Daily need of vitamin C
Daily vitamin C needs by specific age groups and gender:
Children (1-3 years): 15 mg
Children (4-8 years old): 25 mg
Adolescents (9-13 years): 45 mg
Teens (14-18 years): 65-75 mg
Women (19 years and older): 75 mg
Men (19 years and older): 90 mg
Pregnant women (19 years and older): 85 mg
Breastfeeding women (19 years and older): 120 mg
Vitamin C is essential for healthy living. It is particularly useful for immune health. Vitamin C helps prevent infection in the body. In addition, if the vitamin is deficient, the body becomes more susceptible to infection. In addition, vitamin C is known to increase iron absorption. Therefore, individuals with iron deficiency can increase iron absorption by increasing vitamin C intake.
The best sources of vitamin C
The best sources of vitamin C are fruits and vegetables. Vitamin C in foods is easily destroyed by heat. So eating some fruits and vegetables raw is an easy way to reach the recommended daily amount of vitamin C.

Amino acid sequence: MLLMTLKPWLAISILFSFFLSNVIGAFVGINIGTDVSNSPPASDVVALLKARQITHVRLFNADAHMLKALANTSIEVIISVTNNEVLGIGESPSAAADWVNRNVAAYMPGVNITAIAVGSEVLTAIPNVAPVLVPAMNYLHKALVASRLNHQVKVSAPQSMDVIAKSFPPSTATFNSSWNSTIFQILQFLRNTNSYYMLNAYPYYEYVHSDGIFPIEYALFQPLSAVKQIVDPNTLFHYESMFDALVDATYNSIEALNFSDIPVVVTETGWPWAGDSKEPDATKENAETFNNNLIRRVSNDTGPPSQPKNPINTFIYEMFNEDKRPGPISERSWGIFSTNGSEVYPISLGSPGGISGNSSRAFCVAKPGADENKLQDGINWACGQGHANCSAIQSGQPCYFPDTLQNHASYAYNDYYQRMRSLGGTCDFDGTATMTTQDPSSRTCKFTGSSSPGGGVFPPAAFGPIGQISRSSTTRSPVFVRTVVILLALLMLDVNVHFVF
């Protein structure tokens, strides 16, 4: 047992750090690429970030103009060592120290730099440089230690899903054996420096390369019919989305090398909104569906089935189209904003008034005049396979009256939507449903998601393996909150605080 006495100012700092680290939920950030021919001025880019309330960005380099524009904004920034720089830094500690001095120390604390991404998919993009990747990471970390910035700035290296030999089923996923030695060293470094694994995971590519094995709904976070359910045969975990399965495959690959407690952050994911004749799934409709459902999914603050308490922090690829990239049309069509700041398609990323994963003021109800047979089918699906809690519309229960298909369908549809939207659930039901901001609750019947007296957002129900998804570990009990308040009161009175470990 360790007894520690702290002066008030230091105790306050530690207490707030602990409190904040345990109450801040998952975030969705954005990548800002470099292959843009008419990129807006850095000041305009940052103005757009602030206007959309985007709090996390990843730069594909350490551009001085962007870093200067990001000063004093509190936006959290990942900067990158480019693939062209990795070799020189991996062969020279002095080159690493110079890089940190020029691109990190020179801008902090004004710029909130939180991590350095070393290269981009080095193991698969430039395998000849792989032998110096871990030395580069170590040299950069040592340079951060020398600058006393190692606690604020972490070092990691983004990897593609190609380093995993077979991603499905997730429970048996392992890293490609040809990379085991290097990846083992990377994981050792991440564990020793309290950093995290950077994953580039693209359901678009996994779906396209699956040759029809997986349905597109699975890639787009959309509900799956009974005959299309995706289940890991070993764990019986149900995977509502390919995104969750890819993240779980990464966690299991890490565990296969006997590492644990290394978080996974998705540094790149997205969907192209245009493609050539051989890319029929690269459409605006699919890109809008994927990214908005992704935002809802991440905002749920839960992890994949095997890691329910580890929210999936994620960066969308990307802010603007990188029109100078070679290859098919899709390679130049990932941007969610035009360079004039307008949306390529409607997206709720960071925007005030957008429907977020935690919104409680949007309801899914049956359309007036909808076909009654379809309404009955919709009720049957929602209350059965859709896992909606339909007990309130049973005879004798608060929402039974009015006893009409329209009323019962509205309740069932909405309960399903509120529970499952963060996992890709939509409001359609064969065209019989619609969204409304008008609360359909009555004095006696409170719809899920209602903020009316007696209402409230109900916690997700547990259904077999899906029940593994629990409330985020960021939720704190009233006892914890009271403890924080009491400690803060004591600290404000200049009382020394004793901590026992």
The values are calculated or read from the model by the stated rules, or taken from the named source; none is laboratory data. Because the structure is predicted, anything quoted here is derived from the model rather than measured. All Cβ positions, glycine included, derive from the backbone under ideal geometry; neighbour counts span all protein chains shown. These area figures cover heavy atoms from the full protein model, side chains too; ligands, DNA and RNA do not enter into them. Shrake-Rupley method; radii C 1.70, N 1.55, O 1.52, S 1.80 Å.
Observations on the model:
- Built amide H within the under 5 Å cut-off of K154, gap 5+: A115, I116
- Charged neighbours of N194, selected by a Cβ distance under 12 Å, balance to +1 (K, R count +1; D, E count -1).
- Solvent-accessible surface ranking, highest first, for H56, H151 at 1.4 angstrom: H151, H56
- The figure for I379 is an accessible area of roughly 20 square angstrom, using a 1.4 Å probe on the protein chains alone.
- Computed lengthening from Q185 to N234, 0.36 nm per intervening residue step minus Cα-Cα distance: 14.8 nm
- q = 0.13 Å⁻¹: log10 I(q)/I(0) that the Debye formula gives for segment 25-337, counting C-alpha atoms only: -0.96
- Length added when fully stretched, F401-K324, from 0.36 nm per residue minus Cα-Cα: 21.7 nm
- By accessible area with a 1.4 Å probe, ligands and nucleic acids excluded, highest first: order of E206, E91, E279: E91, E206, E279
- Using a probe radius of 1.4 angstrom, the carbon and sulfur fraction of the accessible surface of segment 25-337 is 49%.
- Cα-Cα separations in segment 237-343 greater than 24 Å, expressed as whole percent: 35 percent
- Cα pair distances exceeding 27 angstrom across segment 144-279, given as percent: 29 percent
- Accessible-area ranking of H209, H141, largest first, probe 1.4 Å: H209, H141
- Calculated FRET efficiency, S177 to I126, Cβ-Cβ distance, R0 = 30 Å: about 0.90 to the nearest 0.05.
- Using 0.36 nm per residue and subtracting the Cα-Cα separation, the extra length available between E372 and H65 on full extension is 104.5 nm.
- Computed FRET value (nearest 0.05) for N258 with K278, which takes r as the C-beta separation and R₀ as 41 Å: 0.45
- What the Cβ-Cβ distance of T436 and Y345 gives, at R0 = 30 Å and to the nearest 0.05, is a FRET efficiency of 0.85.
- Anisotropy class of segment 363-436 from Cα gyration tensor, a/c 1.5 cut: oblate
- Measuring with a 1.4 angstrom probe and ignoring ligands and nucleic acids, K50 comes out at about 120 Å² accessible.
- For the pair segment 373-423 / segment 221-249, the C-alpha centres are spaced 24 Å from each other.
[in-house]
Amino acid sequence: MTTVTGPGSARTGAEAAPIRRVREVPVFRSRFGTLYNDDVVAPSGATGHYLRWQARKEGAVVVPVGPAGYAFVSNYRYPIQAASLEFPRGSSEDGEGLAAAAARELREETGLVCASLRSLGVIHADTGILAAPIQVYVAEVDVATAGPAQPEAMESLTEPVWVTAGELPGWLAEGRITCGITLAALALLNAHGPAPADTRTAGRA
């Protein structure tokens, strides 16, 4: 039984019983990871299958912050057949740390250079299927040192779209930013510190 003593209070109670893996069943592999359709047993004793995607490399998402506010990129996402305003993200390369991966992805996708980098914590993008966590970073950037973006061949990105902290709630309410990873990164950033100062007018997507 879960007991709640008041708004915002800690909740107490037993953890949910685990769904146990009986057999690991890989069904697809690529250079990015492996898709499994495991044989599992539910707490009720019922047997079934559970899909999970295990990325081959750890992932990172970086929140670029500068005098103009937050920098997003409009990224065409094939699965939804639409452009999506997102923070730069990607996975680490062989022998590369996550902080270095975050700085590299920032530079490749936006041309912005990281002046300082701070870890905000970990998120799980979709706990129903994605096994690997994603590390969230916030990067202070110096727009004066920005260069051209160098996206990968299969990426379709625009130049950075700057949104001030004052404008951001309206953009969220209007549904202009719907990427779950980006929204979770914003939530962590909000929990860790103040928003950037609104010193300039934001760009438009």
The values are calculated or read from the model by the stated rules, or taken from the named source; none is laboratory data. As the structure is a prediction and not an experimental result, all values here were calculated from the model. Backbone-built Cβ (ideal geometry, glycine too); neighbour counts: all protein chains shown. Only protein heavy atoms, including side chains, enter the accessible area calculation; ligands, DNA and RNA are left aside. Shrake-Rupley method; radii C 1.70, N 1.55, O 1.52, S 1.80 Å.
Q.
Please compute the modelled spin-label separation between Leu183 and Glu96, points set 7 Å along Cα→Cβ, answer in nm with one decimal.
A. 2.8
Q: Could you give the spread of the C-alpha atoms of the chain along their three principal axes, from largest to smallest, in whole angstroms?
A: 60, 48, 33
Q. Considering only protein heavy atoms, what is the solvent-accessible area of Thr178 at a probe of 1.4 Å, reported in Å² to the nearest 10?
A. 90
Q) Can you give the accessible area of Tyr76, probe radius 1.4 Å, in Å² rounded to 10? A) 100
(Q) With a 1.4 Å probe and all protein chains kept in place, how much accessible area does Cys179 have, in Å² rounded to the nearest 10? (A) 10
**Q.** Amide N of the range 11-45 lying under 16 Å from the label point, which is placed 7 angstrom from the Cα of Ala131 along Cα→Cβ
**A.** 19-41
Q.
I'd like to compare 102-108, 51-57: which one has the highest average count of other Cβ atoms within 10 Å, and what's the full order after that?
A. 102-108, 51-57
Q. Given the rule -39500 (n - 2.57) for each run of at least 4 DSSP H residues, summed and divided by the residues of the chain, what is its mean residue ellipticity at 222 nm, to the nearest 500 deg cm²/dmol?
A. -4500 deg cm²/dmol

The best sources of vitamin C are:
Rosehip (100 grams): 426 mg
Red pepper (75 grams): 95 mg
Orange juice (177 ml): 93 mg
Kiwi (90 grams): 64 mg
Green pepper (75 grams): 60 mg
Broccoli, cooked (78 grams): 51 mg
Strawberry, fresh (70 grams): 49 mg
Brussels sprouts, cooked (80 grams): 48 mg
Tomatoes, raw (100 grams): 20 mg
Apart from these foods, most fruits and vegetables contain vitamin C.
Does excess vitamin C poison
Although vitamin C has an overall low risk of toxicity in healthy individuals, consuming too much can cause some side effects such as cramps, nausea and diarrhea. Since high vitamin C intake increases ‘non-iron absorption’ in the body, consuming too much vitamin C can cause problems for people with hemochromatosis, a condition in which the body holds too much iron.
The upper limit of the amount of vitamin C the body can tolerate is generally as follows:
Children (1-3 years): 400 mg
Children (4-8 years old): 650 mg
Adolescents (9-13 years): 1,200 mg
Teens (14-18 years): 1,800 mg
Adults (age 19 and older): 2000 mg